It’s hardly controversial to note a growing disenchantment in Western capitals with China. The country has gone from bending over backwards to appear like a willing good global citizen leading up to the Beijing Olympics, to being the country of ‘no’ — ‘No we won’t help on Iran’, ‘No you shouldn’t meet the Dalai Lama’, ‘No we won’t work with other countries on a climate deal.’
So how should Washington, among others, respond? Andrew Small of the German Marshall Fund has posted an interesting piece on exactly how Western capitals could. As he rightly notes, it’s always Beijing that’s cancelling bi-lateral meetings after perceived slights. So why not stop pandering to its tantrums?
He suggests a number of policy options, including:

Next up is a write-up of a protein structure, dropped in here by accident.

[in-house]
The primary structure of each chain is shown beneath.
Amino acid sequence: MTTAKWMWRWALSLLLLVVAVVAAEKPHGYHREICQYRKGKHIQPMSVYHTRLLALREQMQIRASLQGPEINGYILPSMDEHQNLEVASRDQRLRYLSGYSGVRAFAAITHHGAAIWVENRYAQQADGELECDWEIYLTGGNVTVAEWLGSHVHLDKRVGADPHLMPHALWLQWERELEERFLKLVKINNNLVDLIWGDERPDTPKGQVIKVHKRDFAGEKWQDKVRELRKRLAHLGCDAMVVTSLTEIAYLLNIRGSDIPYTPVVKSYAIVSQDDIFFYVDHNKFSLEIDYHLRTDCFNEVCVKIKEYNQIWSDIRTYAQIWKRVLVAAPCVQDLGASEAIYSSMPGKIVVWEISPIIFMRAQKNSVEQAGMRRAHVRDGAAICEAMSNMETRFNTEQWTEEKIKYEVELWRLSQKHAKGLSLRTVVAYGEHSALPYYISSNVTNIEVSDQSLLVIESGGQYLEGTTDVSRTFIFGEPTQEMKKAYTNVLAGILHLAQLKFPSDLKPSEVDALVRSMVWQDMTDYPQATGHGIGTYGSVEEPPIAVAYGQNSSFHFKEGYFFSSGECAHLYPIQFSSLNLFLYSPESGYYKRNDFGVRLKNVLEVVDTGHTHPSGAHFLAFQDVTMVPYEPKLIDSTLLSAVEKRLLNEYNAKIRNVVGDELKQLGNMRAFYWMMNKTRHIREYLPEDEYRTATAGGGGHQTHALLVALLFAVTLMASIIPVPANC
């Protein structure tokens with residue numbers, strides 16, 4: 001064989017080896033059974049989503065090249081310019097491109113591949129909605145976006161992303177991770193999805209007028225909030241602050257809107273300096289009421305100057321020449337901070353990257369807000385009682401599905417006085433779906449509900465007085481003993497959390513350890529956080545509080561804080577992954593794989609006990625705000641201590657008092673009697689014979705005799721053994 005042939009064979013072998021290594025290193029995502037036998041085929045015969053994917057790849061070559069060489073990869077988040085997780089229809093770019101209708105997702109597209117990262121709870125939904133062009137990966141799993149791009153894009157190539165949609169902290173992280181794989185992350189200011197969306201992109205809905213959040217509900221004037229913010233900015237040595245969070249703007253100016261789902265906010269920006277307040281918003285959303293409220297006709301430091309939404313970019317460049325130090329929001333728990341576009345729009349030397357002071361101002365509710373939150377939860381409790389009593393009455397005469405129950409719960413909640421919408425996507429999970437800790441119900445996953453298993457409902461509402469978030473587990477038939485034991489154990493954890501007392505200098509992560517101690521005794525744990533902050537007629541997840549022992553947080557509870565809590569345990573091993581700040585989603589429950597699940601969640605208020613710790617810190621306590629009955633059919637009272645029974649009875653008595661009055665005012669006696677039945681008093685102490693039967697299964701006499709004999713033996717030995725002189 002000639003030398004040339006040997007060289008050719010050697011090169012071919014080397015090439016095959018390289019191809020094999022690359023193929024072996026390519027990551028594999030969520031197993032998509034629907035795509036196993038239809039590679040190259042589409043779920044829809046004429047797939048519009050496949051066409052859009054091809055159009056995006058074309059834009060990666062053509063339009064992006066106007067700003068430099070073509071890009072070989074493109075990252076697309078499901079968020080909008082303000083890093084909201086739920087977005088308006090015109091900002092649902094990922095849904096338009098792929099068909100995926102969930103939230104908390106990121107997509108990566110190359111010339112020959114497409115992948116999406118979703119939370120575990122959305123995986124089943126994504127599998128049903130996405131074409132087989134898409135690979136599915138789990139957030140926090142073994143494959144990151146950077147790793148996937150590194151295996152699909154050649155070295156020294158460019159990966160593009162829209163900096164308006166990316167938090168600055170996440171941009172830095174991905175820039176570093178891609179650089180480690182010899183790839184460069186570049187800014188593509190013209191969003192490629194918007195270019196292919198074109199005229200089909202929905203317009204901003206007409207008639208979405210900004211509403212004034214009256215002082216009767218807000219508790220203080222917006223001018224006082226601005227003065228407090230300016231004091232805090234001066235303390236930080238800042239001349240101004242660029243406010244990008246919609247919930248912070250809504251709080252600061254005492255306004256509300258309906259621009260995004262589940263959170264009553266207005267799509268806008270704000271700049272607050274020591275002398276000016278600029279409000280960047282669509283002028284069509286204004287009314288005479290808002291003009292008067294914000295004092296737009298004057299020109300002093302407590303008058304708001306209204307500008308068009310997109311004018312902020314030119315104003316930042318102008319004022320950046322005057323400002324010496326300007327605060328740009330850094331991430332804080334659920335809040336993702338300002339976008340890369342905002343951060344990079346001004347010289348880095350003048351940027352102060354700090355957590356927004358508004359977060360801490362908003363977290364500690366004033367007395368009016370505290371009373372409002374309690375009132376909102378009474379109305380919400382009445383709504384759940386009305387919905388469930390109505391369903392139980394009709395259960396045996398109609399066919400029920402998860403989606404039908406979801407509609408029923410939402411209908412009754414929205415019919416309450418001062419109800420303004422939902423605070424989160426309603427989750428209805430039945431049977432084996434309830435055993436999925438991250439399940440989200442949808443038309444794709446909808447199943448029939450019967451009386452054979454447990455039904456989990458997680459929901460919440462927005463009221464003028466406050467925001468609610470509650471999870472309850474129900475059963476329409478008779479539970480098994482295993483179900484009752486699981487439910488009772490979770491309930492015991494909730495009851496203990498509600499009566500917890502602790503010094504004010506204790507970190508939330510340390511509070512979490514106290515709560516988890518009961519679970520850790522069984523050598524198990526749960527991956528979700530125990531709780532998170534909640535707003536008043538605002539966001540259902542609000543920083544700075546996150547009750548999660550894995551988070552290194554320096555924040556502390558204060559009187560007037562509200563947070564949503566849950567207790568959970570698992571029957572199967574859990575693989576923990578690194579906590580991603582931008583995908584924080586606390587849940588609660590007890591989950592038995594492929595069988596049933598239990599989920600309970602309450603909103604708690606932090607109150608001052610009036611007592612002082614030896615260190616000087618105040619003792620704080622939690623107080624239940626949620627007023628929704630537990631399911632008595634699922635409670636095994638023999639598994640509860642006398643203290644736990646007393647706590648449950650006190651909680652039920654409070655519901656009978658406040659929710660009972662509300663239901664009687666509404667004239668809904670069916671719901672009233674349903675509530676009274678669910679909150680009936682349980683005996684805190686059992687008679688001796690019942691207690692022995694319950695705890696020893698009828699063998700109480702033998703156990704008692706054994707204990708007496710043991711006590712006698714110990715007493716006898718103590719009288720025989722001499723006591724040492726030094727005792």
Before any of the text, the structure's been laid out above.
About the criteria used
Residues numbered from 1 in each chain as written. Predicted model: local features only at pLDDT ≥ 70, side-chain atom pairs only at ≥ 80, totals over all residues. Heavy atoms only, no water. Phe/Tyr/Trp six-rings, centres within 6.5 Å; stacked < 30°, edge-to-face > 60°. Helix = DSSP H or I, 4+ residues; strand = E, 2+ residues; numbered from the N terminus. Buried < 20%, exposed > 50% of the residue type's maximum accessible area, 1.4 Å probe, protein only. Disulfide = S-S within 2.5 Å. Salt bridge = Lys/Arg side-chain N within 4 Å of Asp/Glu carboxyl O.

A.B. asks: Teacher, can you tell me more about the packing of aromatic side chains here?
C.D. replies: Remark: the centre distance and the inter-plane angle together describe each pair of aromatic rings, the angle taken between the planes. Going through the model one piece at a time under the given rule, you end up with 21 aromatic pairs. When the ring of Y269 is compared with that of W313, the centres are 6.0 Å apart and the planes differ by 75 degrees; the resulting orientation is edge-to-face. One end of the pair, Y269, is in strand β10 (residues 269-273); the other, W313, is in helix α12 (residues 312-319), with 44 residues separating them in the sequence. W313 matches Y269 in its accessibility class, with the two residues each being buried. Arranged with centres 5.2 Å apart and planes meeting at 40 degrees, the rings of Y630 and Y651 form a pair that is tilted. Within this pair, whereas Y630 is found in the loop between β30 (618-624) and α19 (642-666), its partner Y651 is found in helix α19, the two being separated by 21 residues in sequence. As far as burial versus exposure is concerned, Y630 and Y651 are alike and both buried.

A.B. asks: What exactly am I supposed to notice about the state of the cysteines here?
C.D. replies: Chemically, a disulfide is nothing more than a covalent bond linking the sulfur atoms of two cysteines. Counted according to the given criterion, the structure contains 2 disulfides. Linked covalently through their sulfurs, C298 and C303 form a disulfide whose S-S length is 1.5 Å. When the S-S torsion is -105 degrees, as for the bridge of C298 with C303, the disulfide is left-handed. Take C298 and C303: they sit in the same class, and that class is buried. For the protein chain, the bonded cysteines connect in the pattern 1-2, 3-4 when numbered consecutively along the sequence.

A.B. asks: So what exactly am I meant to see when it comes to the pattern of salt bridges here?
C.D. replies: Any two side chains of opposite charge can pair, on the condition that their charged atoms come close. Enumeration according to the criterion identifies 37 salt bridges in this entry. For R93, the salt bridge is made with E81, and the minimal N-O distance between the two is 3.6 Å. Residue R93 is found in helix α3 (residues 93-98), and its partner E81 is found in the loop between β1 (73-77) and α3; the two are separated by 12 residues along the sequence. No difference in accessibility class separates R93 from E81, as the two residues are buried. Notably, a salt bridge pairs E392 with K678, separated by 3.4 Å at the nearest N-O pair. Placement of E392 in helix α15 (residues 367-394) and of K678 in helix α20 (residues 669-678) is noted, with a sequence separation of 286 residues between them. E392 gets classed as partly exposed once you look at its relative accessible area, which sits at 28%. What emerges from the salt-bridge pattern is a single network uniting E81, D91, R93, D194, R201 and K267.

‘Rather than making a bilateral beeline for Beijing, more effort could be employed in coordinating China policy with other like-minded countries. The United States has plenty of room to deepen its cooperation with its treaty allies in Europe and Asia has considerable scope. But more diplomatic energy could be focused on other potential members of a progressive coalition – India, Brazil, Indonesia, South Africa. Expanded economic, technological, security, and trade advantages can be offered to those countries that are willing to act as system-strengtheners rather than spoilers.’